One of the 20th century’s master prose stylists, Vladimir Nabokov was born in St. Petersburg in 1899. He studied French and Russian literature at Trinity College, Cambridge, then lived in Berlin and Paris, where he launched a brilliant literary career. In 1940 he moved to the United States, and achieved renown as a novelist, poet, critic, and translator. He taught literature at Wellesley, Stanford, Cornell, and Harvard. In 1961 he moved to Montreux, Switzerland, where he died in 1977.
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Customer ReviewsMost Helpful
By Darwin8u on 14-10-12
Nabokov's black salad devouring a green rabbit
Like the back of the novels says, 'the Enchanter' is "the Ur-Lolita, the precursor to Nabokov's classic novel." A short, quick novella that flirts and throbs with similar themes as 'Lolita', but also a terrible infant work that explores the themes of maddness, indulgence, obsession and fantasy that Nabokov's novels like Despair and Pale Fire also explore. A mad king who reigns in his lecherous and multi-level hell of his own impulses. Distilled down, reading 'the Enchanter' is like eating powdered Nabokovian Jello out of the box. The sweetness quickly disolves in your gut into clumpy images of boiled bones, connective tissues, and the intestines of small, lecherous dead animals.
12 of 14 people found this review helpful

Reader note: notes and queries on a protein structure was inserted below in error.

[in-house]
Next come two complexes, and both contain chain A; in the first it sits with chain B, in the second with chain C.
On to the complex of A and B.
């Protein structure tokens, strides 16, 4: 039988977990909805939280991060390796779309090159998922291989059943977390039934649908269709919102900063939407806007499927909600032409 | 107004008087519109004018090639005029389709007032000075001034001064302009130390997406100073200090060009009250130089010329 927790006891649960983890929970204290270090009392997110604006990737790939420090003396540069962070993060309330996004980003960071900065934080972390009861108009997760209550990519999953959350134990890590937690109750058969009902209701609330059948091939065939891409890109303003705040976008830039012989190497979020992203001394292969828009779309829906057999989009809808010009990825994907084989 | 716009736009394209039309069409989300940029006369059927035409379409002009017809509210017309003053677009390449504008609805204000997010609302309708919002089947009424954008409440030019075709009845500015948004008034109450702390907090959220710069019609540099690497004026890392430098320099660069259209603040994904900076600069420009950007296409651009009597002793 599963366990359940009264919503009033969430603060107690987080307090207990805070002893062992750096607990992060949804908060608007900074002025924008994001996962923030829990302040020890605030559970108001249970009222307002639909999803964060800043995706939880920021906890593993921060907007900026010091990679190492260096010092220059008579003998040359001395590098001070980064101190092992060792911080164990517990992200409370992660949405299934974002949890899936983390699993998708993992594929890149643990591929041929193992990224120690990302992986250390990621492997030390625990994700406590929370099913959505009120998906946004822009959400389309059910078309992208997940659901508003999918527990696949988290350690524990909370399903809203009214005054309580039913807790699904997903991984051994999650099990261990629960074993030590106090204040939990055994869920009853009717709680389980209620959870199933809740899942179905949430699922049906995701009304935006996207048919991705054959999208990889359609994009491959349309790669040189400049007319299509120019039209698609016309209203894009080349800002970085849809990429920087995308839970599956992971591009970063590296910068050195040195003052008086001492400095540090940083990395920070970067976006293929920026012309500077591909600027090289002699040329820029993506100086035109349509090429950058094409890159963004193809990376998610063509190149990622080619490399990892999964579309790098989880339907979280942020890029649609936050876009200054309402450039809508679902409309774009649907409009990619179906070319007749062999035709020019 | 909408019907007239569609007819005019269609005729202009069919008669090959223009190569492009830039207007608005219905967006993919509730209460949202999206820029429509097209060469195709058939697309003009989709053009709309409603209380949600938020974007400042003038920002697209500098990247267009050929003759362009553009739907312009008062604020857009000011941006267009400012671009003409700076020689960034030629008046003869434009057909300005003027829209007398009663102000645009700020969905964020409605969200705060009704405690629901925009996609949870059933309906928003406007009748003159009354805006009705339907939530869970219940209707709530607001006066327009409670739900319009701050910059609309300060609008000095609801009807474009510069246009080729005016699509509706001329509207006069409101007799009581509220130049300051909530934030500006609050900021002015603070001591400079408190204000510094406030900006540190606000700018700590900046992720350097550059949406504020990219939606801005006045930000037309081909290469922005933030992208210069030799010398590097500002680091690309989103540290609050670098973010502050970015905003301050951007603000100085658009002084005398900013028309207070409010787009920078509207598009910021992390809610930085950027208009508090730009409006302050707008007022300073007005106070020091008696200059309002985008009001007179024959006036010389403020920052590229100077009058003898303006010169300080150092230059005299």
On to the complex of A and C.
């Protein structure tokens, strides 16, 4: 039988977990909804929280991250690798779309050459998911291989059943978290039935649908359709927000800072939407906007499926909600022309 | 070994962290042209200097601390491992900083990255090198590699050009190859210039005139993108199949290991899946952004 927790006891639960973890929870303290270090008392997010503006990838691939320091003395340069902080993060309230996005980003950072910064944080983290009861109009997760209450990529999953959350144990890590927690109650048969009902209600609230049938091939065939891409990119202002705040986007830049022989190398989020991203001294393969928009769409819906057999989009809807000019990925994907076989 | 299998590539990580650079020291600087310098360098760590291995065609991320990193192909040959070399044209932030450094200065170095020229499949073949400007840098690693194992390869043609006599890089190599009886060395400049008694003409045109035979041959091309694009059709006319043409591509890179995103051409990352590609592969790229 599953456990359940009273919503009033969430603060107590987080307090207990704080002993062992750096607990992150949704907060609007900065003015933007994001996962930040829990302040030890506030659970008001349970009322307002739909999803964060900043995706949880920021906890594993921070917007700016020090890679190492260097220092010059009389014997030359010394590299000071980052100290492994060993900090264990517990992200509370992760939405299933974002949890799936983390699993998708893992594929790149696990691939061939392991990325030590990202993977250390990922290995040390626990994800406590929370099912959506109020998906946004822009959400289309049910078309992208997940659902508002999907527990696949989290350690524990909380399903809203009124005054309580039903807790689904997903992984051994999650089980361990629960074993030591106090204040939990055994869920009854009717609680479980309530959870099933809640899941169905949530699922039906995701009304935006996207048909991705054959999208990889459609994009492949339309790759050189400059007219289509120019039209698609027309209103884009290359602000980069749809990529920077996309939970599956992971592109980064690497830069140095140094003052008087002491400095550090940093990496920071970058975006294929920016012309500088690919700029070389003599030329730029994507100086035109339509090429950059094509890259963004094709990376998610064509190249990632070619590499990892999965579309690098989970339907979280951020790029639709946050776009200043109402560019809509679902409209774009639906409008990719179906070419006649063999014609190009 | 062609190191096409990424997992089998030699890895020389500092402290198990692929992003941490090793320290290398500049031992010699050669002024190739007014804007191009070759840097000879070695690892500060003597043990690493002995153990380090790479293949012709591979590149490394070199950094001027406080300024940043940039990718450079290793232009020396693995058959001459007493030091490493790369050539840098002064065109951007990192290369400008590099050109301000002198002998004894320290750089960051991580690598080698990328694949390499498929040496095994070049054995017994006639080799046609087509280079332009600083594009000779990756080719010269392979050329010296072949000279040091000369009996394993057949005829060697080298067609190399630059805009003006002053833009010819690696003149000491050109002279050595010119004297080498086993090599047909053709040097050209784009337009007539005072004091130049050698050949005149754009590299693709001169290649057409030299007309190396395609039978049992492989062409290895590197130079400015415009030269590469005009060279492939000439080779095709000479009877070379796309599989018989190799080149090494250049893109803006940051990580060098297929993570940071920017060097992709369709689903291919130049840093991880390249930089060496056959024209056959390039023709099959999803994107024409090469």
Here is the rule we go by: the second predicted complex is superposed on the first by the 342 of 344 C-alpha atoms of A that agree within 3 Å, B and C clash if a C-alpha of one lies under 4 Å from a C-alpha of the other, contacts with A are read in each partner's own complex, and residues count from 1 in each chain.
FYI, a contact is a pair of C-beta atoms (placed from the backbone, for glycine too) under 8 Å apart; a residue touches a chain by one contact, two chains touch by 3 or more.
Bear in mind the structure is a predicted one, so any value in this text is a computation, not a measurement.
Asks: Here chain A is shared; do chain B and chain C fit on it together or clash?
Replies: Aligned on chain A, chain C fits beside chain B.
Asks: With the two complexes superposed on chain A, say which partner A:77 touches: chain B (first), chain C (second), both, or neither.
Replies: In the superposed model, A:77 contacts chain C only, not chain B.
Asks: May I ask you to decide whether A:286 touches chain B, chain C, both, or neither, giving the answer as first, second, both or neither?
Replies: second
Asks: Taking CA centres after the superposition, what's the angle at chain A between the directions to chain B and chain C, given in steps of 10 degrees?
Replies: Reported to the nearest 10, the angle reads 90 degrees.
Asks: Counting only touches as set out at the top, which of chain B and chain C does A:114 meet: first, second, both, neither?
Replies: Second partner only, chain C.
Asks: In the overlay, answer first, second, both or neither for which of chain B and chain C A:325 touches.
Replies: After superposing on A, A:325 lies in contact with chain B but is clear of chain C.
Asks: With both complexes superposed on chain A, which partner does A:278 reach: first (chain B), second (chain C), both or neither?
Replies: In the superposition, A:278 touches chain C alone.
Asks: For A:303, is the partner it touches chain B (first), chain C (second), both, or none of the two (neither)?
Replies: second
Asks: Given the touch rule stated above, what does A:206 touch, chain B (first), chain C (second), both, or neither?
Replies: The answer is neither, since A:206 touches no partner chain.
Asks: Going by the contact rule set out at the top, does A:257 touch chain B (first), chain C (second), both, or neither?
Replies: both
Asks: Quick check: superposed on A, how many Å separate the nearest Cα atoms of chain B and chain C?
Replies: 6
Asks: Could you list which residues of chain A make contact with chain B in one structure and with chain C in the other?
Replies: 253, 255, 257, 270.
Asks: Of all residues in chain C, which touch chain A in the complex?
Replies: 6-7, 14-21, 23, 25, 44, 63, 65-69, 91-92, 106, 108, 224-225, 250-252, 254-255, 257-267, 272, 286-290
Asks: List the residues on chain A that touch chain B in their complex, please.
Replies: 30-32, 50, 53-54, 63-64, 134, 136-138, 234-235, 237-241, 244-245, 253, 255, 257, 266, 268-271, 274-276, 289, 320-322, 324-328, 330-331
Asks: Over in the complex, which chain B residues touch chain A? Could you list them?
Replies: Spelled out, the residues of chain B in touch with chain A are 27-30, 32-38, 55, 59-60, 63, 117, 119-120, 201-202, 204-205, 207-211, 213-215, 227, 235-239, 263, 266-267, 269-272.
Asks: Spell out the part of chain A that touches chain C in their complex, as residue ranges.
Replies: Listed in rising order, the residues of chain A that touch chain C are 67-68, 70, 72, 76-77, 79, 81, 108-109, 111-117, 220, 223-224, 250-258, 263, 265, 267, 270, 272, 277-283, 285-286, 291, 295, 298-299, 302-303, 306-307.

By MacGregor on 04-12-11
A great introduction to Nabokov
If you could sum up The Enchanter in three words, what would they be?
Grim, poetic, fatalistic
What was one of the most memorable moments of The Enchanter?
The final few minutes of The Enchanter is so visual, so movie-like, that to appreciate them fully you should close your eyes and listen in a quiet room.
What does Christopher Lane bring to the story that you wouldn’t experience if you just read the book?
For some reason a British accent is required - in my mind - for the proper evocation of Nabokov's style. Mr. Lane does the reading justice.
Any additional comments?
I agree with Darryl - an earlier reviewer. The Enchanter is a perfect introduction to Nabokov. Not only is this audio version nicely done, but the commentary, both before and after, add insight and will urge the listener to sample this wonderful writer's other works. As with all his stories, Nabokov's The Enchanter demands your attention. Don't try listening and chewing gum at the same time!
2 of 2 people found this review helpful